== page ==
Their journey along the Thames started at Kingston so it was an obvious thing to go to the Rose Theatre in Kingston to see it. In my keenness to see it I booked early enough to secure a seat I have probably been in before A28 for the perfectly reasonable price of £18.

The evening got off to a bad start as I ran out of time to eat beforehand and the cafe at the Rose does not do evening food, apart from cake which does not really go with beer. Somewhat frustrated I joined the frustratingly long queue for the bar for a bottle of Czech lager (I forget which one, they sell two) and the all too regular packet of peanuts.

The mood was lightened by bumping in to Richard Stickney (who knows a thing or two about boats on the Thames) and by spotting Steve Punt.

There are several ways that a book can be turned in to a play from straight narration to full reinterpretation and this fell somewhere towards the narration end, much as I had seen First Love done. There was a set that was a bar most of the time in which the three men acted out some of the scenes and narrated some others in the "do you remember the time that?" style. A simple approach but there is nothing wrong with that.

The first major sign of a problem came when they were packing for the trip and in suggesting things to take one mentioned an iron and when asked "which one?", replied "any old iron". Queue the bad pun and the song intro. The joke was lame and unsubtle when compared to the gentle nature of the book and the song, the first of several, just did not fit in to my idea of three idle young men drifting along the Thames.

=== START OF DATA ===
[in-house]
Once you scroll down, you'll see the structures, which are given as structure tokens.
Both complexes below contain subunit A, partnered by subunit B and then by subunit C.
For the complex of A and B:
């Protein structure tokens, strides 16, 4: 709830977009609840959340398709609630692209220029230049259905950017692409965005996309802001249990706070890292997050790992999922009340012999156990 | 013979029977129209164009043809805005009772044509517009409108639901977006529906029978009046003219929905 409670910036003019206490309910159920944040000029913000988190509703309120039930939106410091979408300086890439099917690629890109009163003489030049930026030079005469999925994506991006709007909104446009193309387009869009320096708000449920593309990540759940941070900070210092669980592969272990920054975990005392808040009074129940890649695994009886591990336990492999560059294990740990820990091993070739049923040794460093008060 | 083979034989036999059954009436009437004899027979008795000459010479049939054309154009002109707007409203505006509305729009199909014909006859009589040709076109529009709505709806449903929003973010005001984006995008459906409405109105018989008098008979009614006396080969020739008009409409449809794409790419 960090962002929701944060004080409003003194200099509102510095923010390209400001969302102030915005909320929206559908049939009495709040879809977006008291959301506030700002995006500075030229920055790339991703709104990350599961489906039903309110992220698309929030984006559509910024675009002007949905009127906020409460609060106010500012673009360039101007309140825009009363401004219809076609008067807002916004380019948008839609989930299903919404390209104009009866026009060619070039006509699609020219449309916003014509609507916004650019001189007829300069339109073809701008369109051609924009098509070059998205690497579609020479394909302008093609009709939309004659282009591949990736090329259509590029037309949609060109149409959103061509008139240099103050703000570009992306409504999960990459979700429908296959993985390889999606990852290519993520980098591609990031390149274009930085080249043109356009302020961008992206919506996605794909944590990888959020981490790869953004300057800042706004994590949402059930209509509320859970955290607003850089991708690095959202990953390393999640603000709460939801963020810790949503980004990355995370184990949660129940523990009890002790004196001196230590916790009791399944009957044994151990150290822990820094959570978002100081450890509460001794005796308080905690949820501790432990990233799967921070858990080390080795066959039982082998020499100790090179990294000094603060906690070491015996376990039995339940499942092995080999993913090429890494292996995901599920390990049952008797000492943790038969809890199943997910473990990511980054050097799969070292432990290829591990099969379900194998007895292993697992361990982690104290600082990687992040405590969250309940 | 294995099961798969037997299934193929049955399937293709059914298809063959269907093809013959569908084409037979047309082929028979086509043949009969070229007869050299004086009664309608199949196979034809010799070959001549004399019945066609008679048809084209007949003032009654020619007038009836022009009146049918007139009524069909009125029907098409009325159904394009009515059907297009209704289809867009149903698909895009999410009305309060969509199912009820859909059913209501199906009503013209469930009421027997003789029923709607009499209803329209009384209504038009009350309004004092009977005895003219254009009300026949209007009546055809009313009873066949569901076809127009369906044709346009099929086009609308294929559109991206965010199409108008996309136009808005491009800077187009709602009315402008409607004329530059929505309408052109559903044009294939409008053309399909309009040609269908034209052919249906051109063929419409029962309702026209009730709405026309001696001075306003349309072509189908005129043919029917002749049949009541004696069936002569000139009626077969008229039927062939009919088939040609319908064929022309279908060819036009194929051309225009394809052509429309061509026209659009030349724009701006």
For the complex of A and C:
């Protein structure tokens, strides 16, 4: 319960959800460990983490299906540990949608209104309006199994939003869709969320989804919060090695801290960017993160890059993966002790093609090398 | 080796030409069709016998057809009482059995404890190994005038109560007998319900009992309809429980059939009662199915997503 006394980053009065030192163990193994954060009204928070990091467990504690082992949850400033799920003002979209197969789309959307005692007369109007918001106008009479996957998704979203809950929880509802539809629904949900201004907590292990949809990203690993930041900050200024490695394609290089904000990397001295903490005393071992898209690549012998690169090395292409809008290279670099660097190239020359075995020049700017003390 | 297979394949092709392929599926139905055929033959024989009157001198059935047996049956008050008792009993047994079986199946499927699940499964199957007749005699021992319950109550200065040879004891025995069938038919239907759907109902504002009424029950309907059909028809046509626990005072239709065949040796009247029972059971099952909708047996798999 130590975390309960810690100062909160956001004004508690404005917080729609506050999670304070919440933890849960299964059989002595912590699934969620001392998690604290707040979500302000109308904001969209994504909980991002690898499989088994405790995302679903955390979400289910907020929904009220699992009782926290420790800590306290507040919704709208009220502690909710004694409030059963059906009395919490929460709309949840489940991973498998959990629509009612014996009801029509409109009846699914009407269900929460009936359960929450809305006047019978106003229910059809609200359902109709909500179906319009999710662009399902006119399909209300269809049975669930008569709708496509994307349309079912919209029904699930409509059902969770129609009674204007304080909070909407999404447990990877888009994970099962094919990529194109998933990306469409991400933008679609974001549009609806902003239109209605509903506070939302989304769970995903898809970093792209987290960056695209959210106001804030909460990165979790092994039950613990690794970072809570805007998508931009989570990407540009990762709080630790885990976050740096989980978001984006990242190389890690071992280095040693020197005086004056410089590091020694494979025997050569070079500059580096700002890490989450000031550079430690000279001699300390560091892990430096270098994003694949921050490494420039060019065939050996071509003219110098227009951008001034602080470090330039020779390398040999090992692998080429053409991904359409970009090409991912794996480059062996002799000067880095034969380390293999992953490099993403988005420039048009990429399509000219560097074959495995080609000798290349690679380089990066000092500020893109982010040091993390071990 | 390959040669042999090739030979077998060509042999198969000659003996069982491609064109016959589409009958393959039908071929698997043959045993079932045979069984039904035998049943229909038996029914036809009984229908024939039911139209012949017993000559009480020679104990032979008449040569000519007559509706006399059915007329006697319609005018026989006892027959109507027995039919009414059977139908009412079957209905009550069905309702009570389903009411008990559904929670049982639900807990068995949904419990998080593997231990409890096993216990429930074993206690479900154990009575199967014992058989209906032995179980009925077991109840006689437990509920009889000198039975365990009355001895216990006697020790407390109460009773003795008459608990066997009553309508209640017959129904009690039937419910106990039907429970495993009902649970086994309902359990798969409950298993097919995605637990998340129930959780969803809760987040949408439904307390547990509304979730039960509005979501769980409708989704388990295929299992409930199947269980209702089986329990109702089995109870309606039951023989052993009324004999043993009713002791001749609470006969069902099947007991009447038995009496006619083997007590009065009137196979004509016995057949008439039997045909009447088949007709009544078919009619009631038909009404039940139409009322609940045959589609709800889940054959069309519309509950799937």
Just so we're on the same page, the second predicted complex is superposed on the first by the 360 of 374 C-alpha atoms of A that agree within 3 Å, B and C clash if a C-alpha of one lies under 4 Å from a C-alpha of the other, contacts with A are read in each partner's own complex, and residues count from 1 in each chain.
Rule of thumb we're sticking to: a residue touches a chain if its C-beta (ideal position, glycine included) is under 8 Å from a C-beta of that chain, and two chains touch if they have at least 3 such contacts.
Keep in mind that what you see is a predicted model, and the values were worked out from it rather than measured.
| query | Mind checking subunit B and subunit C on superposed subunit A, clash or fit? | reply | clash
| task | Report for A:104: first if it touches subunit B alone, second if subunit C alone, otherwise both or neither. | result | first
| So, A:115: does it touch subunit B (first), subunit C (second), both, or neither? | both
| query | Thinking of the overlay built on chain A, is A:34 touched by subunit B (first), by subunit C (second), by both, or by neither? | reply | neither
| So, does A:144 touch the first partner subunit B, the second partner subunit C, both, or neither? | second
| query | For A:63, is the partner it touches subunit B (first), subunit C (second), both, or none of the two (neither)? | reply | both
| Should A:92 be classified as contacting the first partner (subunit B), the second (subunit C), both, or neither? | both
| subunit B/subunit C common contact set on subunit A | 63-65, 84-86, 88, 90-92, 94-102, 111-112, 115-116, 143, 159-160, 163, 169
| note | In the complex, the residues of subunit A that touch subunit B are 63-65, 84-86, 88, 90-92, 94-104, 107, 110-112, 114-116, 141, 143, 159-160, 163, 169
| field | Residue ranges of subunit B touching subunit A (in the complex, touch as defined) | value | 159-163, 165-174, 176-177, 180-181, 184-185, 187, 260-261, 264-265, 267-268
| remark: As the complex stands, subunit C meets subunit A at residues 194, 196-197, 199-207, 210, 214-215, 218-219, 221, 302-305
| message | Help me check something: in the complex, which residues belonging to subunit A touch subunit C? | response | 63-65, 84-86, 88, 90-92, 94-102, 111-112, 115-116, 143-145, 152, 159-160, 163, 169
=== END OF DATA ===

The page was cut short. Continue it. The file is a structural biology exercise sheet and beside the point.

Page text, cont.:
The scenes that I liked the most were those that I remembered from the book but even these had their faults. The Hampton Court Maze story was shorn of much of its detail and the Tin of Pineapple Chunks story must have been very confusing to anybody who did not know it as the written punchline was lost in the visual translation.

I was not a happy bunny at the interval though it is fair to say that the show picked up considerably in the second half and I chuckled a little and even laughed out loud when the pianist got shot. You do not remember that from the book?, well that is my point - the play was reasonably entertaining but that owed little to the genius of the original work. I was hoping for something that captured the mood and the style of Jerome K Jerome's writing but, instead, I got something that veered toward period pantomime. Obviously pantomime has its points and most of the audience around me seemed to be having a jolly time and I heard several of them saying how much they had enjoyed it afterwards.

But not me, I was judging the play against the book that I love and on those grounds it fell well short.

At least I got the chance to have a very quick word with Steve Punt afterwards, even though that amounted to little more than me admitting to stalking him in various radio studios and John Lewis. They say that you should never meet your heroes; that's why.

12 February 2015

The Eradication of Schizophrenia in Western Lapland at Battersea Arts Centre was engrossing

A play called The Eradication of Schizophrenia in Western Lapland is obviously going to pique my interest and the description of it only made me more determined to see it.